I don’t want to tell you what to eat.

Fruitarianism. Juice fasting. Vegan. Low carb. Calorie counting. Food combining. Water fasting.

You name it, I’ve probably tried some version of it.

I’ve always been fascinated with the way food affects my body – the way it looks and the way it feels. I find that it can dramatically alter the way I’m experiencing life. I’ve lived on fresh juices for 3 months at a time and spend other stints pouring butter in my morning tea. I’ve packed away 30 bananas in a day and for other periods, toyed around with up to 80 percent of my diet coming from FAT.  There were long stretches of tortured calorie counting, and other stretches where counting calories provided me with a little sanity. It’s all about knowing what’s right for you in the right moment and eating in a way that supports you fully in how you want to live.

All of that being said, I don’t want to tell you what to eat. There are plenty of lovely people out there doing just that anyways.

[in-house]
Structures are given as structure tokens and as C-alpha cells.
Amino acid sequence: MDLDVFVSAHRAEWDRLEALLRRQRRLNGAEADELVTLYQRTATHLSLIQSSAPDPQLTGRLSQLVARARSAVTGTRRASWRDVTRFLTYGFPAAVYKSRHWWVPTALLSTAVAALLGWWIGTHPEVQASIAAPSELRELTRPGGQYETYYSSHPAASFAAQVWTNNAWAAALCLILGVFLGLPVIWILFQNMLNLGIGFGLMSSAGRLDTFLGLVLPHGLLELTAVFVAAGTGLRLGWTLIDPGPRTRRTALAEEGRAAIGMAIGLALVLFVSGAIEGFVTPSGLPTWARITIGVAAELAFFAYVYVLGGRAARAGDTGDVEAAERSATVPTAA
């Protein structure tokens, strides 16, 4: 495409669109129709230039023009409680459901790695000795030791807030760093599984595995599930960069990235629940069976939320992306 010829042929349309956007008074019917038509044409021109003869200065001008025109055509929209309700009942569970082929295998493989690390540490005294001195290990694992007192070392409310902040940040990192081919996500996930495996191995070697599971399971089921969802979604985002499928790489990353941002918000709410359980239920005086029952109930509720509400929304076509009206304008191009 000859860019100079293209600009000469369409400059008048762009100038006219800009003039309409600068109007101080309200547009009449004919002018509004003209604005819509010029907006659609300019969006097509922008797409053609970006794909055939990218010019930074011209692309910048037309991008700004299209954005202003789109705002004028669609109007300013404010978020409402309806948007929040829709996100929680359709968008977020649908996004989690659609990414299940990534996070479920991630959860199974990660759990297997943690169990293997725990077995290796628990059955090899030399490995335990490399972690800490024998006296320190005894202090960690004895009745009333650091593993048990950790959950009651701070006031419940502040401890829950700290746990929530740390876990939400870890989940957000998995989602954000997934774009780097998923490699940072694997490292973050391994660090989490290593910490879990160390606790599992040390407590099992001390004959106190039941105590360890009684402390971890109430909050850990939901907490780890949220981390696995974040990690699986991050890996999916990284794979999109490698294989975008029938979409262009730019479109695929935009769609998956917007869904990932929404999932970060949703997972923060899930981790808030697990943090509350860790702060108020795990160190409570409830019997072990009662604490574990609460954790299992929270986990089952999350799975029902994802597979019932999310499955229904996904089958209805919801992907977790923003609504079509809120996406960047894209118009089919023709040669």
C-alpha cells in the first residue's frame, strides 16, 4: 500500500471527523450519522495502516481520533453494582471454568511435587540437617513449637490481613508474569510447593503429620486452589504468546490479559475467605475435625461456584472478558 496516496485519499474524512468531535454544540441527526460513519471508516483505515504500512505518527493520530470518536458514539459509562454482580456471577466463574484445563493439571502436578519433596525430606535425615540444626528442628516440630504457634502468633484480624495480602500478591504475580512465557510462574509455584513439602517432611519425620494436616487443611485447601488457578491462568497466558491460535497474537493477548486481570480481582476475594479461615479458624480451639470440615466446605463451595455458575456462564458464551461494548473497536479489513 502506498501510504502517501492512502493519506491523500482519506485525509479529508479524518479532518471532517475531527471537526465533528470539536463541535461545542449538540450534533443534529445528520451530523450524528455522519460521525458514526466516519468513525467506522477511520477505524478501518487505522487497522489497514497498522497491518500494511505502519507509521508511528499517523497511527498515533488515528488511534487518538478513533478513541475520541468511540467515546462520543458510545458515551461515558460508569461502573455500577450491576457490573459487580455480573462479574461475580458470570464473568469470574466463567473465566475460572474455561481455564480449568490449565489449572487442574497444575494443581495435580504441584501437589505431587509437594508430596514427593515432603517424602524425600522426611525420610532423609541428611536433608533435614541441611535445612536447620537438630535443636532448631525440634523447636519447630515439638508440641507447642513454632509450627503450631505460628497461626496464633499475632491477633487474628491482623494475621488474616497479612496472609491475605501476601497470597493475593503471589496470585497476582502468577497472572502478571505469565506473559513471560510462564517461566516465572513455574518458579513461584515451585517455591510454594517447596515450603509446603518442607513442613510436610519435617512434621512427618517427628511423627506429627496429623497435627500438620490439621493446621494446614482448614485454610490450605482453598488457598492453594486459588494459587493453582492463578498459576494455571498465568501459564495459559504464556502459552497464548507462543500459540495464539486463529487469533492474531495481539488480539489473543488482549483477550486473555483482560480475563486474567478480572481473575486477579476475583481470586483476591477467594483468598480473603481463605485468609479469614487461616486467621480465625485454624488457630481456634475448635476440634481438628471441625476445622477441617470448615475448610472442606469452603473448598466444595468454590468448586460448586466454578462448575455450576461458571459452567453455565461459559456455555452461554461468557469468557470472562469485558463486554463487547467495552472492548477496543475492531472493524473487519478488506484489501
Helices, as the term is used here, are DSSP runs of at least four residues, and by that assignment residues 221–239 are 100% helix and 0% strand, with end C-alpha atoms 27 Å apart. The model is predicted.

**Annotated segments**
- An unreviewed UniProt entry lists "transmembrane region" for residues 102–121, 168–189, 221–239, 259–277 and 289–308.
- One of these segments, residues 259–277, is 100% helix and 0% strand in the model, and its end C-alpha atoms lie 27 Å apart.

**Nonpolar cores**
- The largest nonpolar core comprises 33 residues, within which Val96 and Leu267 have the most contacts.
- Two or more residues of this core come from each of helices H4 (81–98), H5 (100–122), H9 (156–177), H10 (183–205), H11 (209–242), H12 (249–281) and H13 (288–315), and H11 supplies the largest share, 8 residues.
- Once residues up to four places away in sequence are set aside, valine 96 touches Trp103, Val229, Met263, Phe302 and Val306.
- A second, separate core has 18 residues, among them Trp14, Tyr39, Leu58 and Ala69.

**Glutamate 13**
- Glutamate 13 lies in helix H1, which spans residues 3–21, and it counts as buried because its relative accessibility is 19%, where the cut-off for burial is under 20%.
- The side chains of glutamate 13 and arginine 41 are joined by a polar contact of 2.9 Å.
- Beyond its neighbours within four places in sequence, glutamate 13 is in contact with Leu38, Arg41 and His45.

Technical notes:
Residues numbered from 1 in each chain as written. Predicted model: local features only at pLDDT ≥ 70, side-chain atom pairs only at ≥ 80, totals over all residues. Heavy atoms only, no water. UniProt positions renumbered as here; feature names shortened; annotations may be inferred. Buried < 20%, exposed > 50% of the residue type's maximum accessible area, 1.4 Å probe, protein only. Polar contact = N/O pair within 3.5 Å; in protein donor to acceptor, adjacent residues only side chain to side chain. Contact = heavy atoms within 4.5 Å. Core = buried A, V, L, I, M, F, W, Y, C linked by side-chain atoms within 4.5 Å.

For as many dietary experimentations I’ve taken on in the name of just seeing what would happen (I’m looking at you juice feasting) there were many that were adopted out of self hatred and the desire for perfection. I spent so many years just thinking that when I was thin enough or detoxed enough my real life would start. Everybody would stare in awe at my glowing perfection, I’d get every role in every play, the world would want to be me, date me, etc. Just writing that makes me cringe. Letting go of the quest for perfection has been one of the sweetest most liberating tasks I’ve taken on and I have a feeling it’s going to be a much more useful thing to share than which foods digest best with each other. I’m all for eating in a way that serves you, really. I’m a nut for good quality, I don’t eat sugar for the most part, and I genuinely love vegetables. I eat well because if I don’t, I simply find it hard to live as well. What I want for everyone is to be able to be present enough with their own bodies to learn what’s best for them. Then to make choices about what to eat coming from a place of self care and respect rather than hoping to get somewhere first in order to feel like they can love themselves.

I’m just a couple months away from graduating from The Institute for the Psychology of Eating and there is so much more I’m excited to share!

  One thought on “I don’t want to tell you what to eat.

  1. Edie
    April 9, 2015 at 9:23 pm

    Wow Rande! Powerful stuff!!


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